- Historic Sites
A turn-of-the-century Arts and Crafts village draws a new generation of pilgrims
October 1996 | Volume 47, Issue 6
The room where you check in is one of the places where Hubbard lectured his flock and where Clarence Darrow and Carl Sandburg once debated the merits of communism versus socialism. Even if you’re not staying at the inn, you can get a tour just by asking at the desk. I was delighted to discover that my guide was Mrs. Elbert Hubbard III. After she took me through the dining room, where waiters wear black, flowing ties, and pointed out a few of the original furnishings, including a lovely stained-glass window in a rose motif, she asked whether I had any questions. I asked her about Alice Hubbard, Elbert’s wife, who, I had read, had exercised enormous authority over the day-to-day workings of the Roycroft. My guide gently reminded me that she was related by marriage not to Alice but to Bertha, Elbert’s first wife, who divorced him when she discovered he had fathered a child by Alice.
After the inn, Arts and Crafts admirers will want to see the Elbert Hubbard Roycroft Museum, on Oakwood Avenue, and the Roycroft Shops, at the end of a path called the Appian Way. The museum, set up in a Craftsman-style house (not Hubbard’s own) is open in the afternoon on Wednesday, Saturday, and Sunday six months of the year and has a collection of printed books and Roycroft artifacts. The dining room, with its beamed ceiling, oak table and chairs, and chestnut sideboard, is the handsomest in the house. “Lift that chair,” the curator, Geneviève Steffen, suggested as we stepped in. I complied, expecting the heft of one of mine at home. This one felt more like a jeep.
Furniture making wasn’t the Roycroft’s strongest suit, it turns out. When the carpenters Hubbard had hired to build additions on his Print Shop finished their work, he set them at making tables and chairs. With no real designer to guide them, they turned out stolid, foursquare stuff with little in the way of stylistic refinement. The best pieces went to furnish the inn; more-ordinary designs were sold through Hubbard’s catalogues. One large commission kept the shop going in later years: the Roycroft produced much of the furniture and lighting fixtures for the Grove Park Inn, in Asheville, North Carolina.
At the Roycroft Shops, housed in an ivy-covered stone cottage that once served as the Copper Shop, you’ll find a selection of the decorative accessories that made up a large part of the Roycroft output. There, original and reproduction lamps, books, paintings, pottery, china, and jewelry are displayed in the sort of artful environment, complete with New Age music on the CD player, that may make you think about redecorating at home. Kitty Turgeon-Rust, who runs the shop and edits a newsletter called The Craftsman Homeowner , took me in hand. “What went wrong with the Arts and Crafts style the last time around,” she explained, “was that people put all the big, heavy furniture in a small room. They forgot to add the color with it —the wallpaper, textiles, art glass, and pottery.” A decorating service at the shop helps customers choose wallpaper and fabric (William Morris designs produced by Bradbury & Bradbury, in San Francisco, and Sanderson, in London) or paint colors (from Sherwin Williams’s “Roycroft Palette”). Turgeon-Rust was forthright about the many reproductions and reissues filling the store. Each one is designed to be just a little bit different from the original, she explained, to guard against fraud. “If Elbert Hubbard were around today,” she said, “he’d have a VCR, he’d have a computer, and if reproductions were selling, you can bet he’d have them too.”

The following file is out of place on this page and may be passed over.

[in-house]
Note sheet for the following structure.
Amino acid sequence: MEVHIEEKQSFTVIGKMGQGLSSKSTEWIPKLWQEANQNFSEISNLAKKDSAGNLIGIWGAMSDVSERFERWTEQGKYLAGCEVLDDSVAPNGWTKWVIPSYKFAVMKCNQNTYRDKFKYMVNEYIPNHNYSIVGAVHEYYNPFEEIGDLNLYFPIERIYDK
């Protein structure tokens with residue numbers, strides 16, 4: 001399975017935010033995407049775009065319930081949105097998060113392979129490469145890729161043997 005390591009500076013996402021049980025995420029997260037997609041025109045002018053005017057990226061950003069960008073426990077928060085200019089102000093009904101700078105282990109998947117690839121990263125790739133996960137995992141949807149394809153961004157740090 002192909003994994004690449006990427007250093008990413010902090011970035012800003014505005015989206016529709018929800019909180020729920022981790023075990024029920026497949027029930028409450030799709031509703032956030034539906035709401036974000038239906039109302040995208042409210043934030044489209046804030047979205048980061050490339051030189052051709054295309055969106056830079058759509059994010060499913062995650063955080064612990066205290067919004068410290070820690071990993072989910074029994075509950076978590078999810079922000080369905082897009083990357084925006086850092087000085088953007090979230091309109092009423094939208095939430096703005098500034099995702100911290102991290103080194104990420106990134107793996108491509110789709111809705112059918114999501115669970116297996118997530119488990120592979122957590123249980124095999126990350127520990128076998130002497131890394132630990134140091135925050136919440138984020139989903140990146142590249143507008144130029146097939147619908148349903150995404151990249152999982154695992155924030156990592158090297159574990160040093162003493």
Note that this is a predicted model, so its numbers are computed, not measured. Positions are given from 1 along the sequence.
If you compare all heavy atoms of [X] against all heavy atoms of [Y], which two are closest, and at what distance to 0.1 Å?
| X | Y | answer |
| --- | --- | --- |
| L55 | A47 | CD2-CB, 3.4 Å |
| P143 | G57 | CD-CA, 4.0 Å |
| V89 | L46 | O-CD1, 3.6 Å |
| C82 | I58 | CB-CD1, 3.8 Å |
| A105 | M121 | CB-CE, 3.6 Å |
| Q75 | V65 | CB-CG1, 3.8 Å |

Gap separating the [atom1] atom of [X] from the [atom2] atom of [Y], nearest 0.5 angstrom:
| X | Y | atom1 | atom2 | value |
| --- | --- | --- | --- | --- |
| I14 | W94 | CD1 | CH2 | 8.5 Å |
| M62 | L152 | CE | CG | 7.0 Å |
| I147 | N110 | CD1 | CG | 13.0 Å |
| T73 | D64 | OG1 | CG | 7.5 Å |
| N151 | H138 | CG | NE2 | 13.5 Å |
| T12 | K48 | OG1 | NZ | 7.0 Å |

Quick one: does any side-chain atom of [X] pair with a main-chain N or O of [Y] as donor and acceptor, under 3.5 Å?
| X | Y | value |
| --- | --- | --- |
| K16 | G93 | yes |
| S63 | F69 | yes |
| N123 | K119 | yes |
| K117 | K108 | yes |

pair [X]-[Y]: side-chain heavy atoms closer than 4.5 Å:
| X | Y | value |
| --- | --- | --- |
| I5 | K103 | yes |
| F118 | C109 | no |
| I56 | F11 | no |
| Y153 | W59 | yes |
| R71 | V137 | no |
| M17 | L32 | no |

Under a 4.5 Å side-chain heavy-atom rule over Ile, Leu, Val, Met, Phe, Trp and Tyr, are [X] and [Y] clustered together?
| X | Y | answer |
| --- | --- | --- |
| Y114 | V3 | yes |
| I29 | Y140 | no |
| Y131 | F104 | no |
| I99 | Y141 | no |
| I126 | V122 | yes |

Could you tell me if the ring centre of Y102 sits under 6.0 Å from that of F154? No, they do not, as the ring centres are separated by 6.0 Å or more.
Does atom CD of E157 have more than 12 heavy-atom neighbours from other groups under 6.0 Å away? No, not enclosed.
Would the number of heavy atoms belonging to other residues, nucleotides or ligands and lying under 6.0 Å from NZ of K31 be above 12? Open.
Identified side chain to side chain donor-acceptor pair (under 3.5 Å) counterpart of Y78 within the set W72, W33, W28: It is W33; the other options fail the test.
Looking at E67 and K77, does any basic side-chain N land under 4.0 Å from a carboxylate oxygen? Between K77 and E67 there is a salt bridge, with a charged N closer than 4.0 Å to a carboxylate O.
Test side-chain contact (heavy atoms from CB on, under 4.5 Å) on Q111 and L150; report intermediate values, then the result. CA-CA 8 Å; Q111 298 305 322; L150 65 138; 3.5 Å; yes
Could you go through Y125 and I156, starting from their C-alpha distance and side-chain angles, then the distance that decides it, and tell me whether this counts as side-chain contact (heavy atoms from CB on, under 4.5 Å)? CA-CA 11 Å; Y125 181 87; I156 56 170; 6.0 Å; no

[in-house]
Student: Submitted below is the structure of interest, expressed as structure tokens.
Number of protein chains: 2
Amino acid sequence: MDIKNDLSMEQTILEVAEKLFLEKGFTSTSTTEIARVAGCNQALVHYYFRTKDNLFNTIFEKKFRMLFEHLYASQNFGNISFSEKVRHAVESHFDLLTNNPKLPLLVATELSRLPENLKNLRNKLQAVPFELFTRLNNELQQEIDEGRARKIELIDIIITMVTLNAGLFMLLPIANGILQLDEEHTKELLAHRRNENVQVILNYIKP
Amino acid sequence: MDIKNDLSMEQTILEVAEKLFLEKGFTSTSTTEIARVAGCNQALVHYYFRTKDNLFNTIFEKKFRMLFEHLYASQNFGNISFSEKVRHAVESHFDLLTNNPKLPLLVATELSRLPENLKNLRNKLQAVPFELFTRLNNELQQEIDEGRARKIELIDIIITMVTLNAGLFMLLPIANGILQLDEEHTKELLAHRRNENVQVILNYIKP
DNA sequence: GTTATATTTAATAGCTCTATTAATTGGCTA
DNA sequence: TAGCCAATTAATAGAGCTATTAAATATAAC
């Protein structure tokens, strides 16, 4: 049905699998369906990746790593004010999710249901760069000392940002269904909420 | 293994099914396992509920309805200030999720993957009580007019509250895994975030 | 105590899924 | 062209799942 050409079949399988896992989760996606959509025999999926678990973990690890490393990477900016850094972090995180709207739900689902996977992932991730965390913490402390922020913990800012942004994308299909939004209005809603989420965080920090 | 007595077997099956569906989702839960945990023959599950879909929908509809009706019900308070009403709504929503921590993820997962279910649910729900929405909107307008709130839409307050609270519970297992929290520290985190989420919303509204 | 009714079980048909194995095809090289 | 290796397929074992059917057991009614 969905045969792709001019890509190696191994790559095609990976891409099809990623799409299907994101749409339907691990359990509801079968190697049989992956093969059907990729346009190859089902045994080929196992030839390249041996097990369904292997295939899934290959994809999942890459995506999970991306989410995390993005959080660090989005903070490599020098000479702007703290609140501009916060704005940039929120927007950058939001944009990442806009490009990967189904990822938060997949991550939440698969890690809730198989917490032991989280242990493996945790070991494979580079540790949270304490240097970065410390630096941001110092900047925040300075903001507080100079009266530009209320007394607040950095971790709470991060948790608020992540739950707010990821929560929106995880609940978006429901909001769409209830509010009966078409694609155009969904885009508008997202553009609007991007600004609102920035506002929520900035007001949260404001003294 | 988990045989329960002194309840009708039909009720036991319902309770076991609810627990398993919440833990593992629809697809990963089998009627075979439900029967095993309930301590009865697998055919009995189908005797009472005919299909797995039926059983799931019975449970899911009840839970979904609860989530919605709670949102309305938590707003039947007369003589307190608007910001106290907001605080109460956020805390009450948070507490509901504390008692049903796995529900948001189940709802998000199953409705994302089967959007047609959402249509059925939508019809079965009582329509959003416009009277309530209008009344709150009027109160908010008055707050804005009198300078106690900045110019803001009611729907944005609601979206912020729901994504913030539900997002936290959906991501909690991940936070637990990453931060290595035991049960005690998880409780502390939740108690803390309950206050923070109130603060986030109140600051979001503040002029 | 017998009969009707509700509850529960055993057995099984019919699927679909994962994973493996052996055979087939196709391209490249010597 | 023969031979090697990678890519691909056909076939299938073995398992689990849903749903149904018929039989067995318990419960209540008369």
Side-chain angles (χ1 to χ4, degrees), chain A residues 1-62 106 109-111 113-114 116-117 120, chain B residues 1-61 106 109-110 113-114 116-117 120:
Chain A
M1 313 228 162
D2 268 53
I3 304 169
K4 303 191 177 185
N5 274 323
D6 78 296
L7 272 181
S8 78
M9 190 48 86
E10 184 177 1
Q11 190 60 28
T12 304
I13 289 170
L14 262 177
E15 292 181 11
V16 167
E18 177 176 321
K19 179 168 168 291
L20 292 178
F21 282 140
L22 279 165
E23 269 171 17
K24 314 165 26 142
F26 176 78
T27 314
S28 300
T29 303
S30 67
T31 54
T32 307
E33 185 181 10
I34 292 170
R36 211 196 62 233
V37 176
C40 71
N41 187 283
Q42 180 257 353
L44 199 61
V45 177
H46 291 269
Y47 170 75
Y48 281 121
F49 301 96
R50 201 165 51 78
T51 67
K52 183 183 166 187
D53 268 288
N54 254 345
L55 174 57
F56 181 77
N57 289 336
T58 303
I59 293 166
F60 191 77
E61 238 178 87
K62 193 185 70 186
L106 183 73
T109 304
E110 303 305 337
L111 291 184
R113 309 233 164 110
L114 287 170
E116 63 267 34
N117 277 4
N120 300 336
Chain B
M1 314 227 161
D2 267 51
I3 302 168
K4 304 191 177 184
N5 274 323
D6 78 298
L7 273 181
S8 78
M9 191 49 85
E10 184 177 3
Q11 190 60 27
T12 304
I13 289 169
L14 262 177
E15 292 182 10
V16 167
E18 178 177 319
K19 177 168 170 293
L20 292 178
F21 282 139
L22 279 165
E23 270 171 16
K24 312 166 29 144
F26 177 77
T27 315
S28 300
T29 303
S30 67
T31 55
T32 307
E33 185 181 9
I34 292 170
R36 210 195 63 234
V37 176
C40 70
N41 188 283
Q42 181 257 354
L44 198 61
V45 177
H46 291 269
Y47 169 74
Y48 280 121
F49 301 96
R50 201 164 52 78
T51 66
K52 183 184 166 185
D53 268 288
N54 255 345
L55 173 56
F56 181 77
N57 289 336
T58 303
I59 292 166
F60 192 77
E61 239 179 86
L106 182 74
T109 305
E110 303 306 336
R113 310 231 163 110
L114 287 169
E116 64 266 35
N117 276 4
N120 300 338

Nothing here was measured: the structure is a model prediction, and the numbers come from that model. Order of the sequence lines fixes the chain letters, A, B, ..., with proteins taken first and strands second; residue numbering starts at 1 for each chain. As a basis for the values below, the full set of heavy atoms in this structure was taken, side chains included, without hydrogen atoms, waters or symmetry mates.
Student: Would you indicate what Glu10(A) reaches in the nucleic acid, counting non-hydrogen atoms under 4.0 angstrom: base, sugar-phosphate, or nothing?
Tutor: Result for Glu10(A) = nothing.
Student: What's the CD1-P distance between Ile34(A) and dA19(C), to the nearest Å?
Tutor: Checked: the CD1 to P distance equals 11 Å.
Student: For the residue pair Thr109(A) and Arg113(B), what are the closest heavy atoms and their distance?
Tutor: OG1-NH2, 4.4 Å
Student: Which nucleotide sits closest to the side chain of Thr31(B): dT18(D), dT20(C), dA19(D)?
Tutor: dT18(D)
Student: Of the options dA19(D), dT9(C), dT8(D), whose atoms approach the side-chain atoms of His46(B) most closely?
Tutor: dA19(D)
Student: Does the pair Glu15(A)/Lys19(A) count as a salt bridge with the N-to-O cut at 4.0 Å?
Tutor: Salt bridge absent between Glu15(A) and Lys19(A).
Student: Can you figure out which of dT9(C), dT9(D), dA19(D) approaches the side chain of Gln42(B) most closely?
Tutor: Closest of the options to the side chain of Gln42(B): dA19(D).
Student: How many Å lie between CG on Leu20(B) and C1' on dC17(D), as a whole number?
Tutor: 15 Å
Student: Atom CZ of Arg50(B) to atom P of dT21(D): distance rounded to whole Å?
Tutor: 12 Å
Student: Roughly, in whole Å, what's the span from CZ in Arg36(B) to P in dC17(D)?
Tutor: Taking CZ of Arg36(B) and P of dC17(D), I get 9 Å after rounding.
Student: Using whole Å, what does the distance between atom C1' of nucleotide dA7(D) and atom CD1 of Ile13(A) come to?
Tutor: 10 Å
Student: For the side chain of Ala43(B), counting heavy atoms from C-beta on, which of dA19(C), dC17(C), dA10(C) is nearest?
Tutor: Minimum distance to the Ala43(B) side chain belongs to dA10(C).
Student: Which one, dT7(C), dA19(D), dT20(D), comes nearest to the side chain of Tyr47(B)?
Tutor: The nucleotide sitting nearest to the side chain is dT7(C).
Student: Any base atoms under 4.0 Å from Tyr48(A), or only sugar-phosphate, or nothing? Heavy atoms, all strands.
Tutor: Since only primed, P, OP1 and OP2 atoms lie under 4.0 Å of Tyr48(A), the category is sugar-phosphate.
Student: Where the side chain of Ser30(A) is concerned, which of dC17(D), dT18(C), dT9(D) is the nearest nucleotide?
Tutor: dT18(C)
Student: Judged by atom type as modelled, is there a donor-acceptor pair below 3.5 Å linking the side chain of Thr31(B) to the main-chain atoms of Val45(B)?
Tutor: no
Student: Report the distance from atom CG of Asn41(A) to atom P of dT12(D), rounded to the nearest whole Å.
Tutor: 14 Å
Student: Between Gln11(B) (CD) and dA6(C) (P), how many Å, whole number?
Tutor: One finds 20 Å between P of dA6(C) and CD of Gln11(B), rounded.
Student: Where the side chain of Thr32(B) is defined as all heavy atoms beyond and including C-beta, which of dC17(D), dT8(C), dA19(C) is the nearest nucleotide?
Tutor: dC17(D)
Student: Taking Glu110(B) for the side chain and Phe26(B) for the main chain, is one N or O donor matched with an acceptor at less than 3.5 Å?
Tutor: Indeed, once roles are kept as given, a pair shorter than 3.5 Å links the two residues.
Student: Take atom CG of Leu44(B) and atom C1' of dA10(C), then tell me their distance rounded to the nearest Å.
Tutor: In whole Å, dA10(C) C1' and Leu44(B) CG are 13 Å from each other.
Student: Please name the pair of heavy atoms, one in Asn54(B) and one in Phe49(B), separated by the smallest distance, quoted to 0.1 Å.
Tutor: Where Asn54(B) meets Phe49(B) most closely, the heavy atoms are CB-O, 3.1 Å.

Hubbard’s detractors faulted him for the endless selfpromotion he churned out in the course of advertising Roycroft wares, but he knew what worked. Handmade goods cost more than machine-made ones, and Hubbard was selling to a middle class every bit as price conscious as we are now. “The cheap article, I will admit, ministers to a certain grade of intellect,” went a typical Hubbard pitch. “But if the man grows, there will surely come a time when, instead of a great many cheap things, he will want a few good things. Our motto is, NOT HOW CHEAP BUT HOW GOOD .”
In fact, not everything the Roycroft shops produced was good. Hubbard attracted a few superb designers who turned out great work; those who had no training when they arrived learned their craft but never became masters at it. Many historians, however, credit Hubbard with creating a market later captured by more-sophisticated designers and architects like Greene & Greene and Frank Lloyd Wright. Wright may well have crossed paths with Hubbard in Buffalo, and some see in the architect’s romantic dress and adoring students at Taliesin echoes of the Fra of East Aurora.
From the gift shop Turgeon-Rust took me to the old furniture workshop, which now houses a pottery and a couple of independent antiques dealers. Although many craftspeople live and work around East Aurora, pottery is the only craft actually being done on the Roycroft campus today. Travelers can buy tiles and decorative vases in traditional designs and glazes. From there we went to the building Hubbard called the Chapel, now East Aurora’s Town Hall, where Roycrofters assembled to hear concerts, lectures, and debates. The young Carl Sandburg gave a talk on Walt Whitman here and left town convinced that “when future generations weigh in the balance the life of Elbert Hubbard, they will pronounce him one of the greatest men the world ever saw.”